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Erin Dyer, Daniel Reinbott, Melanie Williams

In addition, delays in final investment decisions (FID) (due largely to escalating


construction costs and, in some cases, political uncertainty) mean further constraints
on future LNG supplies.4 Industry analysts appear undecided as to whether the
supply tightness (and consequent price pressure) may be eased by the proposed
development of further LNG projects, including:
• in Angola, and the Olokoka LNG project (OK LNG) in Nigeria, estimated for
start-up in 2012; and
• in Papua New Guinea, Russia, Brass LNG in Nigeria, Greater Sunrise in the
Timor Sea and Browse, Gorgon, Wheatstone and Scarborough off north-west
Australia, all estimated for start-up around 2014 to 2015.

3.4 Political risk


The geographical location of gas reserves leads to many LNG projects being situated
in areas of high political risk. The development of LNG projects in areas such as
Nigeria, Papua New Guinea, Russia and Yemen requires sponsors to manage
significant risk on LNG projects. However, the capacity to do this is not without
limits. Total and the Shell–Repsol–YPF joint venture announced suspensions of final
investment decisions in respect of their respective LNG projects in Iran, citing high
political risks and political pressure.
Another factor relevant to the high political risk of many LNG projects is
increasing resource nationalism by host governments, particularly in the context of
high commodity prices and pressure to achieve the best possible returns on the
nation’s resources. There are numerous examples, including the recent further
reopening of LNG prices under long-term contracts for LNG supply from the
Indonesian Tangguh project, and the decision of foreign sponsors to proceed with
the Sakhalin II LNG project in Russia, despite the dilution of their interests as a result
of Gazprom becoming a majority participant.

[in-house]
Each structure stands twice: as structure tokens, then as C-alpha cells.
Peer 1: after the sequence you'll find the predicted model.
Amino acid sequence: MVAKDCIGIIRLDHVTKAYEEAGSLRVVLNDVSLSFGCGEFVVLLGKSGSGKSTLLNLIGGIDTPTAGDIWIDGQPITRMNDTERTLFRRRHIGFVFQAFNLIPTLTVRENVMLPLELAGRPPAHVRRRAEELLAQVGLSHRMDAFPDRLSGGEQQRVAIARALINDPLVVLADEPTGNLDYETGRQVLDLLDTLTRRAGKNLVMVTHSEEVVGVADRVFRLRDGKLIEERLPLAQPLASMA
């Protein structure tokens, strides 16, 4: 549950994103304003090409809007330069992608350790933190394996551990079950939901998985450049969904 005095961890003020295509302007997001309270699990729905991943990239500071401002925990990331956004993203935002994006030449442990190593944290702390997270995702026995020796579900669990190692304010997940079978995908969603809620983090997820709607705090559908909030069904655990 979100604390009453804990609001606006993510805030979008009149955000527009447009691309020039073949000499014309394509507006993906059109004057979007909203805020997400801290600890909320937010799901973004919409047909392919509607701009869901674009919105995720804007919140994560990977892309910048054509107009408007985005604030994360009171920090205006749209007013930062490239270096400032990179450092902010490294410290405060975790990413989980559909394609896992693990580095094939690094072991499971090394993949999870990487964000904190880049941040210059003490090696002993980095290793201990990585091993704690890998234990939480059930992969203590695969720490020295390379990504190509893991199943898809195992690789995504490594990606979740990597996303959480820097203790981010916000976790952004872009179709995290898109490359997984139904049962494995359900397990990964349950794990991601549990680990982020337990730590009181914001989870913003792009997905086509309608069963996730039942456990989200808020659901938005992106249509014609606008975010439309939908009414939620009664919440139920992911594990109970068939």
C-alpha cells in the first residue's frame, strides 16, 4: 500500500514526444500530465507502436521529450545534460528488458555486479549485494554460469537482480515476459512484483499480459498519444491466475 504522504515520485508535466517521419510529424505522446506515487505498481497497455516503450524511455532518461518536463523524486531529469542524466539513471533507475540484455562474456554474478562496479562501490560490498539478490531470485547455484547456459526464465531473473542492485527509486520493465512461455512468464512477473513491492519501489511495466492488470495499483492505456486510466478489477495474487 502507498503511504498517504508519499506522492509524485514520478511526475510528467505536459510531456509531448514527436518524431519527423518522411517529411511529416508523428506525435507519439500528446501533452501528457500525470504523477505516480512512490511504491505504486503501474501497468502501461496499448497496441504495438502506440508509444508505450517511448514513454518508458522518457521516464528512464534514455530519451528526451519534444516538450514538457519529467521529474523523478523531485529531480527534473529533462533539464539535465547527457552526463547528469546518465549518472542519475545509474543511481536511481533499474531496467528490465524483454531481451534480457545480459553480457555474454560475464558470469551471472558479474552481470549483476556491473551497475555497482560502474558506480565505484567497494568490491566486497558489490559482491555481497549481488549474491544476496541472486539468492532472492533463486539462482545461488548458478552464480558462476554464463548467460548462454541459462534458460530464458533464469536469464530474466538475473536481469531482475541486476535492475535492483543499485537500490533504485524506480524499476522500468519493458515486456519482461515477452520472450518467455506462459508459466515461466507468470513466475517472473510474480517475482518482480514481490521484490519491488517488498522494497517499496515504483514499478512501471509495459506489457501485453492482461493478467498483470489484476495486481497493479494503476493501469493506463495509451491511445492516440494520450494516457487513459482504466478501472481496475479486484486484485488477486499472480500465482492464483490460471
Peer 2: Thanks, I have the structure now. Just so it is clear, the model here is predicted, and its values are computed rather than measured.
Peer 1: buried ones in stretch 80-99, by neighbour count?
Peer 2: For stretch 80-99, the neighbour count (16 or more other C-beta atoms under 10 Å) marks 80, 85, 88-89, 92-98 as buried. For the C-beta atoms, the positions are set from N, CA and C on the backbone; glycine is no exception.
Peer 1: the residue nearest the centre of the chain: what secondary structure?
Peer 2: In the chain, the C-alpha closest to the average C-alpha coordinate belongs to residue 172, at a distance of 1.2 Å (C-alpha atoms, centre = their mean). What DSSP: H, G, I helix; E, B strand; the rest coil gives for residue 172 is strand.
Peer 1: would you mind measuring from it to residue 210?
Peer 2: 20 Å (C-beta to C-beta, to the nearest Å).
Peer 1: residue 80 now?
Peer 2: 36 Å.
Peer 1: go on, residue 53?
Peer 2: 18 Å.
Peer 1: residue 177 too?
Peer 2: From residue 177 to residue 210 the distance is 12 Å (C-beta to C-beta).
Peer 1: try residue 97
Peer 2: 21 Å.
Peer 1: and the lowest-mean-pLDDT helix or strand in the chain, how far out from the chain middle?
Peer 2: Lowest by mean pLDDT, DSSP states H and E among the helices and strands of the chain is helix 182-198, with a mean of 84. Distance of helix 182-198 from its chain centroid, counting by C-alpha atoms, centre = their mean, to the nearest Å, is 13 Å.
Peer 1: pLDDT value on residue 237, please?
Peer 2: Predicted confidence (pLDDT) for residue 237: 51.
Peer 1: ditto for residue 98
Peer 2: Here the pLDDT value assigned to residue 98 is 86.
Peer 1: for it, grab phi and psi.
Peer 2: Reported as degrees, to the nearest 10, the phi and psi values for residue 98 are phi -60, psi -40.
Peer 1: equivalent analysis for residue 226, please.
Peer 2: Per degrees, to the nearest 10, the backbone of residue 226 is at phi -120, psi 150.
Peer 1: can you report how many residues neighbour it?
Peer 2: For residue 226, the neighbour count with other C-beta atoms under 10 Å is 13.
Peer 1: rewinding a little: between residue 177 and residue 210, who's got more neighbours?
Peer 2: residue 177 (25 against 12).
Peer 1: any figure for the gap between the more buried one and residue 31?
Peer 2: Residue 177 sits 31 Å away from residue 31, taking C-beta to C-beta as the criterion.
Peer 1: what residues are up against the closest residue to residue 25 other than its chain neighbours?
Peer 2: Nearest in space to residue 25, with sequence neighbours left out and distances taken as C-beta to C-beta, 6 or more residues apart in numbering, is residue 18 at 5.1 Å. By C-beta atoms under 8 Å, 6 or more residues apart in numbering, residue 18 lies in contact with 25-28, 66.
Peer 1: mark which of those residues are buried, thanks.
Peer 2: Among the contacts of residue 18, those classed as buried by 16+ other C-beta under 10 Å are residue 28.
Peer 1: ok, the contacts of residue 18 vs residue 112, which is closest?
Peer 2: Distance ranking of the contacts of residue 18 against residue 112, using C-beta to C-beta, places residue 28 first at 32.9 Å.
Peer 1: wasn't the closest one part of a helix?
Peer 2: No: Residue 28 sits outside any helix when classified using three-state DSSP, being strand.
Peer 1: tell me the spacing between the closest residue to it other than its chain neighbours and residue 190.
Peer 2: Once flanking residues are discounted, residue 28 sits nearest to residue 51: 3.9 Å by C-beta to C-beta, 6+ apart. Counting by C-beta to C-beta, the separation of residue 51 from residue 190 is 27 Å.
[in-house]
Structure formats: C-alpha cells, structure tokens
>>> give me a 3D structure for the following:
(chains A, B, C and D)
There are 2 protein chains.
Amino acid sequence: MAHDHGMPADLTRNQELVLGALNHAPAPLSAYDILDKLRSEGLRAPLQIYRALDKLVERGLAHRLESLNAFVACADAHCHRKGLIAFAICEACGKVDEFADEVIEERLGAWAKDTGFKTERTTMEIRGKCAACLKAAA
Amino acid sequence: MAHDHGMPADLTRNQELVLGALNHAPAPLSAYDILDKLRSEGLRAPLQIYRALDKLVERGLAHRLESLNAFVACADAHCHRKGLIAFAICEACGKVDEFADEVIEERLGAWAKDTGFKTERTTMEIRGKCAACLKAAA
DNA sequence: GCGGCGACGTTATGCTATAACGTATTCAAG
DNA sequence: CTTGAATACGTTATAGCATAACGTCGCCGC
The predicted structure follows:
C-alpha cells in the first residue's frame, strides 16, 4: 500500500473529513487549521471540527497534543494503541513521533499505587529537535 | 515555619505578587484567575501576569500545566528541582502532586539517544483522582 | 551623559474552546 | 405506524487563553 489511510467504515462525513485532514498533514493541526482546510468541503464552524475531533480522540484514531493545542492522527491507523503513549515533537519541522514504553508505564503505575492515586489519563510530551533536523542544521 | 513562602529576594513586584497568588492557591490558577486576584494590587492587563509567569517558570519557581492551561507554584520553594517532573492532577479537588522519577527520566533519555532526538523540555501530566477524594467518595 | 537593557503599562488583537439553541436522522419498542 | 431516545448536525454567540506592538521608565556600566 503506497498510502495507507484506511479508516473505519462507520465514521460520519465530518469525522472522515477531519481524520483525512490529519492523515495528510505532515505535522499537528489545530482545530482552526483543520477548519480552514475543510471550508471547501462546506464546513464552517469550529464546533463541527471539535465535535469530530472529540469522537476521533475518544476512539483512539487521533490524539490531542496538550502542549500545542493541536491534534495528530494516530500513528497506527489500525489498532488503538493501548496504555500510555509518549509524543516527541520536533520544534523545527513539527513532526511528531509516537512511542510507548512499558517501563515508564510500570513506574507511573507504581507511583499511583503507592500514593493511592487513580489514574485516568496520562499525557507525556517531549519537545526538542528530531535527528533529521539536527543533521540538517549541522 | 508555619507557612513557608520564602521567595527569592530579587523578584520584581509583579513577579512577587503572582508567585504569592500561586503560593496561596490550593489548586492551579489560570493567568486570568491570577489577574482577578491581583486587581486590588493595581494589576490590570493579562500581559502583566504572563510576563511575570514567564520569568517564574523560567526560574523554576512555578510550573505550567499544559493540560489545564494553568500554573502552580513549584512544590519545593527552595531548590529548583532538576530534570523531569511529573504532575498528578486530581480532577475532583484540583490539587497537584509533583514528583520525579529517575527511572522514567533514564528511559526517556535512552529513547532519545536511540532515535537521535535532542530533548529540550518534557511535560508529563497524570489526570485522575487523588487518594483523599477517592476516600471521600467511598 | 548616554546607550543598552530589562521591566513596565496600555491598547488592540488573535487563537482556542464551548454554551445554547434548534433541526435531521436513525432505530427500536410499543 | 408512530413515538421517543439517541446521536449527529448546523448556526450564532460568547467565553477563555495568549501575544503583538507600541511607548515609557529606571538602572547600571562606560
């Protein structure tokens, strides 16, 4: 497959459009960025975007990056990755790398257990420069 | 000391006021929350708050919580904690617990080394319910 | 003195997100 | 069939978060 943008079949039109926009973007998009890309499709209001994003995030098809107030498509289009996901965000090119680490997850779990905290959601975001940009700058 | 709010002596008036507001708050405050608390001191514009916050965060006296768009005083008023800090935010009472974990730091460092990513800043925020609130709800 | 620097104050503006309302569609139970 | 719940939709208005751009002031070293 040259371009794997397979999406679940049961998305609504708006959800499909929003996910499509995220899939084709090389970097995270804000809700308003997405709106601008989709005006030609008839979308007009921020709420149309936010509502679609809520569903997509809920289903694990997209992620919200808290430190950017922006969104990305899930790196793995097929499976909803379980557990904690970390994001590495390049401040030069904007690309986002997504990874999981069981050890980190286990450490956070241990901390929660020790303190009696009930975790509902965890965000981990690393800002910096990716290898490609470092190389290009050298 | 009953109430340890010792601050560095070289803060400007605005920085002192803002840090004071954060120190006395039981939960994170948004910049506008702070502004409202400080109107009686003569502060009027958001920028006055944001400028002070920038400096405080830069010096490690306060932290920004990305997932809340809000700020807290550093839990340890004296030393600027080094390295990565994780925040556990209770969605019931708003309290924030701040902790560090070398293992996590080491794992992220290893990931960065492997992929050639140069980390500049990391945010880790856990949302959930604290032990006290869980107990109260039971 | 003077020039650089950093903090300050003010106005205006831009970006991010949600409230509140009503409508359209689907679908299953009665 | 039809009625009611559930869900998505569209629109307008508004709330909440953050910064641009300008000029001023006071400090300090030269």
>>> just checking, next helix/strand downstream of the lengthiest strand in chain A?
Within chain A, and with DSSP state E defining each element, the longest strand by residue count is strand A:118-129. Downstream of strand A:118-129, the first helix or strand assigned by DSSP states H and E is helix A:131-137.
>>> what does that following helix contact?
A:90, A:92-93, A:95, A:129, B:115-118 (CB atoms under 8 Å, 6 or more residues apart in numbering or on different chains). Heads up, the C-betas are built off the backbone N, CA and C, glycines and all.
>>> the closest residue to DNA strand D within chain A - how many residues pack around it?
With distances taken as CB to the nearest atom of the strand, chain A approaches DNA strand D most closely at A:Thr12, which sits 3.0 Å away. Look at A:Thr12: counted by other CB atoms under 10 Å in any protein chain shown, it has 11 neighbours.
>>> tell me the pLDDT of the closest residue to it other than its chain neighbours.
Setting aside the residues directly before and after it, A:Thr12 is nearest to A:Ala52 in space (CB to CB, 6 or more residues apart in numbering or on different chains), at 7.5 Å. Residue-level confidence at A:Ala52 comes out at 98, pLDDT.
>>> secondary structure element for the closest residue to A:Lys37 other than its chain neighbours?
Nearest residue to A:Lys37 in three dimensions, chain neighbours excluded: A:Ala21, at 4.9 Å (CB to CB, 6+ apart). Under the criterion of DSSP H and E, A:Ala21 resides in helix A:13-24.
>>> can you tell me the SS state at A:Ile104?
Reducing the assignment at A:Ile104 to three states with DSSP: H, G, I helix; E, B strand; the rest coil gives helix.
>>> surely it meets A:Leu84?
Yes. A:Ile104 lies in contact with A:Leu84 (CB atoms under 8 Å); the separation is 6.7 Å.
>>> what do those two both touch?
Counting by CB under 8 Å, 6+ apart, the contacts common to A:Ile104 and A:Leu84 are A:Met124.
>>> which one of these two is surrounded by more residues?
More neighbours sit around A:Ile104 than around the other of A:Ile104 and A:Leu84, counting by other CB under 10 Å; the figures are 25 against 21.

Even in seemingly low political risk environments, such as the United States and
Australia, LNG projects are affected by political considerations. The difficulty in
obtaining local approvals for LNG import terminals in certain areas of the United
States is well known and the development of further LNG projects in north-western
Australia has been hampered by the difficulty in obtaining regulatory approval for
sites for the onshore facilities.
As the natural gas market underlying LNG diversifies, so too do its interests align.
The Gas Exporting Countries Forum (GECF) is an informally structured group of the
world’s largest natural gas exporters which, between them, are estimated to control
up to 60% of global proved and provable gas reserves and approximately 50% of
current global gas exports. Indications in early 2008 were that some natural gas
exporters, notably Russia and Iran, had mooted further cooperation between the
GECF members in the areas of gas pricing, infrastructure and consumer relations.
Such cooperation was regarded by some commentators as tantamount to the
formation of a ‘gas OPEC’. Given the sensitivity surrounding LNG pricing and the
increasing roles of national oil companies and host governments in some GECF

4 For example, no new liquefaction projects were sanctioned in 2008.

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